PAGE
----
Packera plattensis (Nutt.) W.A. Weber & A. Löve
Species Image Gallery
(opens in a new window)
Family: Asteraceae or Compositae
Genus: Packera
Species Synonyms: Senecio pseudotomentosus Mackenzie & Bush
Senecio plattensis Nutt.
Common Names: prairie groundsel
Canada: Mackenzie District – British Columbia – Ontario
Saskatchewan: widespread; Lake Athabasca – Cypress Hills
Ecoregion: Cypress Upland, Moist Mixed Grassland, Aspen Parkland, Boreal Transition, Mid-Boreal Lowland, Mid-Boreal Upland, Churchill River Upland, Tazin Lake Upland
Saskatchewan: grasslands, sloughs, shores and open woods
Associated Species: agoseris, hawksbeard, trembling aspen
Provincial Status According
to Harms (2003):
Nature Conservancy Status:
G5 S3S4
Saskatchewan Species at
Risk Status:
Prairie groundsel is threatened; however this complex needs taxonomic revision. Most specimens of prairie groundsel in Saskatchewan have been re-identified as balsam groundsel and it is unclear where this species really exists. No threats are known or anticipated for prairie groundsel at this time.
Roots: fibrous; sometimes with runners
Stems: stem base short, ascending, persistent, woody; stems solitary, rarely 2 – 3, lightly covered in long, tangled, woolly hairs or irregularly hairless
Leaves: basal and on the stem; basal leaves several, tufted, stalk slender, elliptic-oval to inversely lance-shaped, toothed to pinnately lobed; stem leaves reduced upwards, linear, grey-woolly, uppermost leaves irregularly dissected to subentire
Inflorescence: heads 6 – 20; stalks densely woolly; bracts linear, purple-tipped
Flowers: ray flowers 6 – 10, 8 – 12 mm long
Fruits: achenes pubescent with small, stiff, straight hairs, occasionally hairless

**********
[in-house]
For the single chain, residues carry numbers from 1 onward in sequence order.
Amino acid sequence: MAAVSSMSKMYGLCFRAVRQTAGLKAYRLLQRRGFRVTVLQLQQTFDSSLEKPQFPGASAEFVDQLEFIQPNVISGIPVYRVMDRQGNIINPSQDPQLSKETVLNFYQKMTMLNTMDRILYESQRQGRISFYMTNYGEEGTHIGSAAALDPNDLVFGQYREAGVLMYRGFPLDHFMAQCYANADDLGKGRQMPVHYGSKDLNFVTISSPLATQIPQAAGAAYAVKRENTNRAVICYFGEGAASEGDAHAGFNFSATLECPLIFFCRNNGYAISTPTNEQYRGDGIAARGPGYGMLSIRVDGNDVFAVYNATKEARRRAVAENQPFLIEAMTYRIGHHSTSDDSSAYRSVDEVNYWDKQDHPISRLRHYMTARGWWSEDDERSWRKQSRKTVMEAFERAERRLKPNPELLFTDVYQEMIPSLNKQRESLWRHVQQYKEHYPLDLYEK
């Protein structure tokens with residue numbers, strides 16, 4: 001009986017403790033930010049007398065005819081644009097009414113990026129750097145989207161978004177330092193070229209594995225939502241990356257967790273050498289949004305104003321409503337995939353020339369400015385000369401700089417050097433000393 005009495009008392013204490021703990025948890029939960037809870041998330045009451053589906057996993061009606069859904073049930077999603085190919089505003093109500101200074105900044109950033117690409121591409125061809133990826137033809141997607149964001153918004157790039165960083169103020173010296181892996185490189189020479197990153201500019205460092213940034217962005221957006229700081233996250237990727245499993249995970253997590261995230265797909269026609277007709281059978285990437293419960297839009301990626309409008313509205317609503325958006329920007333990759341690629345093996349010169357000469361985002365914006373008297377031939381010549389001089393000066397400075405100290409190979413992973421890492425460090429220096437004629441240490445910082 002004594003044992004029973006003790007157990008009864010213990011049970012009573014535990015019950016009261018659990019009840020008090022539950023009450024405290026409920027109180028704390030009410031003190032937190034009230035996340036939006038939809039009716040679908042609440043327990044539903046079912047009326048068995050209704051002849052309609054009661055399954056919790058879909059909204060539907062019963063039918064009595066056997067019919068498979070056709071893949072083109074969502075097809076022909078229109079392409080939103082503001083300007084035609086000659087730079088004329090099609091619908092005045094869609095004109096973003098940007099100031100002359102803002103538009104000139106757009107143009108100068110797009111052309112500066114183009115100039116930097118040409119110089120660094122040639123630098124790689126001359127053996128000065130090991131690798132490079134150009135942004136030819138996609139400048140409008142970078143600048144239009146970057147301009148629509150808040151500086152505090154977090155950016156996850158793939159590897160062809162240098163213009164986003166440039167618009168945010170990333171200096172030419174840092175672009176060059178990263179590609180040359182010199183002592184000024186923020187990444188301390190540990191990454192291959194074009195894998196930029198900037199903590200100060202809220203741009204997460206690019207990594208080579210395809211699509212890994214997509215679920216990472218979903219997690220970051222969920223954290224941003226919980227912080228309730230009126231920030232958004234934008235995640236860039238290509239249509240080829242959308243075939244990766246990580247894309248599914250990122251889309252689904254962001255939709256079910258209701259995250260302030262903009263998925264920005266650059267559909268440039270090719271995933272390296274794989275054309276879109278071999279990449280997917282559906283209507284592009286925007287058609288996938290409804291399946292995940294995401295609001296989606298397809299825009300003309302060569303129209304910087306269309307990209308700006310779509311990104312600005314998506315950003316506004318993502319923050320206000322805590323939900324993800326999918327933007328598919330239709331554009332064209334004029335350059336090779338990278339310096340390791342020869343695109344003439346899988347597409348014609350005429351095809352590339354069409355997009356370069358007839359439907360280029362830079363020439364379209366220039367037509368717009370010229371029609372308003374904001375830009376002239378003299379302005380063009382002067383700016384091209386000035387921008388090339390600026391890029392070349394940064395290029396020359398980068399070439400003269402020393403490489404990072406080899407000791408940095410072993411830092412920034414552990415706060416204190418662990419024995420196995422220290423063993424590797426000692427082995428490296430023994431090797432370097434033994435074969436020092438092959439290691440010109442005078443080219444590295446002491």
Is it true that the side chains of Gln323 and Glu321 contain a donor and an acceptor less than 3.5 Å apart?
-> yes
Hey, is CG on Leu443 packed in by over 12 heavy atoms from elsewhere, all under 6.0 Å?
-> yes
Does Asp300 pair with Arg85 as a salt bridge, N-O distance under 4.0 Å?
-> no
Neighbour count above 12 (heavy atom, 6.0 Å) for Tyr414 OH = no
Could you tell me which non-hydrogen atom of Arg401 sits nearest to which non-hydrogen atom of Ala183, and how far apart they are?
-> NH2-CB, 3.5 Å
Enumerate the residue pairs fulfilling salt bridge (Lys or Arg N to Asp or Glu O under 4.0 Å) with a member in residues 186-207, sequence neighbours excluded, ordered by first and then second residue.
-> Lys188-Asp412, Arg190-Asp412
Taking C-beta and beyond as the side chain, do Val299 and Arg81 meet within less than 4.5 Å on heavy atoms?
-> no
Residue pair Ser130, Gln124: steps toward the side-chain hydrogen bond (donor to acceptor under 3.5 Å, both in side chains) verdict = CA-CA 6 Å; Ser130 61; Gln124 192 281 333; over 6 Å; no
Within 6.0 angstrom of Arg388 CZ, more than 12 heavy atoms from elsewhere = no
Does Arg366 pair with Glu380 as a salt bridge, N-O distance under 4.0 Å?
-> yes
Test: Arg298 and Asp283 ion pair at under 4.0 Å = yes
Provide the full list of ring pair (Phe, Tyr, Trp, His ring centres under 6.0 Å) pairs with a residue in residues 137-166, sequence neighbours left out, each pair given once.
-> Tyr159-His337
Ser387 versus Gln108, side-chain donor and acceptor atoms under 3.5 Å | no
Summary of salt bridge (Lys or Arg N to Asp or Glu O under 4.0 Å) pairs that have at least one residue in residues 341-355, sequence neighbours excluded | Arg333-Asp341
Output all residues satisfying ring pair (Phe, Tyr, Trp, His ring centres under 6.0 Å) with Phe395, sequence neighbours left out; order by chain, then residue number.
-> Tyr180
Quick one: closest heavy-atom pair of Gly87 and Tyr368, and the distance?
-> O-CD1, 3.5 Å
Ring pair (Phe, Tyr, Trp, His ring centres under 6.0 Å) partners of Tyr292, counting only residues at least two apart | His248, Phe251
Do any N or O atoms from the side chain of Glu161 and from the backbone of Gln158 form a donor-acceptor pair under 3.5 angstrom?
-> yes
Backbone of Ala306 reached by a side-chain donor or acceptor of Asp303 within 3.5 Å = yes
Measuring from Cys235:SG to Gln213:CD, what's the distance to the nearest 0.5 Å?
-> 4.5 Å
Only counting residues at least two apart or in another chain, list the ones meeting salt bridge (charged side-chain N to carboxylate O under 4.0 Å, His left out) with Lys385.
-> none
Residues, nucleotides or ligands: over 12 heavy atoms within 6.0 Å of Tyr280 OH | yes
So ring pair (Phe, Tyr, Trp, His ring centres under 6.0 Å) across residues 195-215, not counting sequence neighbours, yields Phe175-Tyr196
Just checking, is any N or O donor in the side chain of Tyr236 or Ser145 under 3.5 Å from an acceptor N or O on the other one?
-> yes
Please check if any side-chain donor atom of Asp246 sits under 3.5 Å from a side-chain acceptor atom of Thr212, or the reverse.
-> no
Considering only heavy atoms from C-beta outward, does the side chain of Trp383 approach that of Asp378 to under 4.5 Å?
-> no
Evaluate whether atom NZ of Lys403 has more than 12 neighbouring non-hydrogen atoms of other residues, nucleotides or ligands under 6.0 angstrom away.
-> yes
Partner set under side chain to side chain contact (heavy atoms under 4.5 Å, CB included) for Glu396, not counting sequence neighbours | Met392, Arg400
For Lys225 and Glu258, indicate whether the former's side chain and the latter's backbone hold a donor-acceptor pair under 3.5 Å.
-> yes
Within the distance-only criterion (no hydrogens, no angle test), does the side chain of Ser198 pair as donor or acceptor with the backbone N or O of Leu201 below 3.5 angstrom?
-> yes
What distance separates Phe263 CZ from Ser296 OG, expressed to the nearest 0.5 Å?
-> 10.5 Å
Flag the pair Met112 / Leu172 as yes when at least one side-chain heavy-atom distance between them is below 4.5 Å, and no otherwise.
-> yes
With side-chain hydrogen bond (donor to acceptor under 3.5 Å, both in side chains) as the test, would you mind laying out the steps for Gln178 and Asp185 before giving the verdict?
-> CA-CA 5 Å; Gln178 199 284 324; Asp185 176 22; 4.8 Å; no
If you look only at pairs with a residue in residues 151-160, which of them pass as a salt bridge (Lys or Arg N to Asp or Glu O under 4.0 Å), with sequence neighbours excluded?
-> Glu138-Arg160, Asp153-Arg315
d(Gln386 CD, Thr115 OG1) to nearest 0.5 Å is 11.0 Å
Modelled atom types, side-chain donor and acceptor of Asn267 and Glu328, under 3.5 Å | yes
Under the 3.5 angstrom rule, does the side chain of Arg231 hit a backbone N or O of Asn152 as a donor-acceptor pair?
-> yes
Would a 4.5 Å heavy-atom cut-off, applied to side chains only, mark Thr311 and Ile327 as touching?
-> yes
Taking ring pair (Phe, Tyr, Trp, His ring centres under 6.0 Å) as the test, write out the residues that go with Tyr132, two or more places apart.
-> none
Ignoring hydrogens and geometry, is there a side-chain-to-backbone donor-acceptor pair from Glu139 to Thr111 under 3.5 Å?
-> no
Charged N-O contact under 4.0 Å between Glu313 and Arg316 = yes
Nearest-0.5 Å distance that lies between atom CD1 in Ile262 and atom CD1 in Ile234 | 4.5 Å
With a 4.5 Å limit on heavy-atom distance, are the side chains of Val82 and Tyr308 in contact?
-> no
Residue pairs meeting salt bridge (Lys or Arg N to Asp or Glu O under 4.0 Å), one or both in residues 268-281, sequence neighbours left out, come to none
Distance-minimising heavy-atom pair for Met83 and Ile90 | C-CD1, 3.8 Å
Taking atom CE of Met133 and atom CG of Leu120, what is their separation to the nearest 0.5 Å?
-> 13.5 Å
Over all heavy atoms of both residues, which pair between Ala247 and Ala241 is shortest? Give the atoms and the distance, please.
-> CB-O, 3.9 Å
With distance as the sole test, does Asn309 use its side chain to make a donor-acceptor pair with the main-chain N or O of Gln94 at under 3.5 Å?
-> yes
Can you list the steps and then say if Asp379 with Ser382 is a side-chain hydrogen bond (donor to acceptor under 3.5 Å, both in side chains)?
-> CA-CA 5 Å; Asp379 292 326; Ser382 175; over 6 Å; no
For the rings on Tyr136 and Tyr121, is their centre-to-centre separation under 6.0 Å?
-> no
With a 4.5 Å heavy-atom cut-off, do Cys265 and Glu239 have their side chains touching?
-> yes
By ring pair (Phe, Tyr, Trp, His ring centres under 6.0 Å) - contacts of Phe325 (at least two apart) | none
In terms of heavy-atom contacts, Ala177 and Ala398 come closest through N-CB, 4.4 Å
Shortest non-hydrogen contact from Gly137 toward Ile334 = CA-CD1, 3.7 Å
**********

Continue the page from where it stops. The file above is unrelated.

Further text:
Note: This complex needs taxonomic revision. The key may not be accurate in all cases. Please refer to another key if you encounter difficulty with this one.
1 Plants usually hairless or nearly so; basal leaves usually entire or toothed, not lobed
1 Plants usually woolly-hairy (sometime glabrous) and/ or with basal leaves; basal leaves if present pinnately lobed or dissected
2 Ray flowers 0 or 8 – 13 (petals 2 – 7 mm long); plants of northern Saskatchewan
2 Ray flowers 0 or 5 – 21 (petals 4 – 12 mm long); plants from various areas of Saskatchewan
3 Basal leaves thick; heads few (1 – 4); bracts purple or at least purple-tipped
P. pauciflora
3 Basal leaves thin; head numerous (8 – 20); bracts green
P. indecora
4 Basal and lower stem leaves not tapering to stalk, base square to heart-shaped
4 Basal and lower stem leaves gradually tapering to stalk
5 Basal leaves lance-shaped to narrowly oval, tip short-tapered; margin toothed
P. pseudaurea
5 Basal leaves heart-shaped, spoon-shaped, or oval, tip rounded; margin toothed, lobed or wavy
P. streptanthifolia
6 Plants with a taproots and woody persistent stem base; may be woolly in leaf axils
P. tridenticulata
6 Plants with fibrous, taproots or rhizomes, persistent stem base if present not woody; leaves and stems generally all hairless
7 Basal leaves thick, inversely lance-shaped to spatula-shaped; disc flowers 35 – 60
P. streptanthifolia
7 Basal leaves thin, lance-shaped to elliptic; disc flowers 50 – 80
P. paupercula
8 Stems and leaves persistently woolly
P. plattensis
8 Stems and leaves usually hairless, sometimes woolly at base or in leaf axils
9 Plants 3 – 10 cm tall; heads few (1-6)
P. cana
9 Plants 10 – 50 cm tall; heads several (6 – 30)
10 Basal leaves nearly circular to broadly oval
10 Basal leaves narrowly elliptic to spoon-shaped
11 Margins of basal leaves entire to toothed; bracts hairless
P. streptanthifolia
11 Margins of basal leaves toothed to divided; bracts densely woolly
P. plattensis
12 Basal leaves toothed to lobed; tangled woolly to nearly hairless
P. plattensis
12 Basal leaves entire, except towards toothed tip; white woolly
P. cana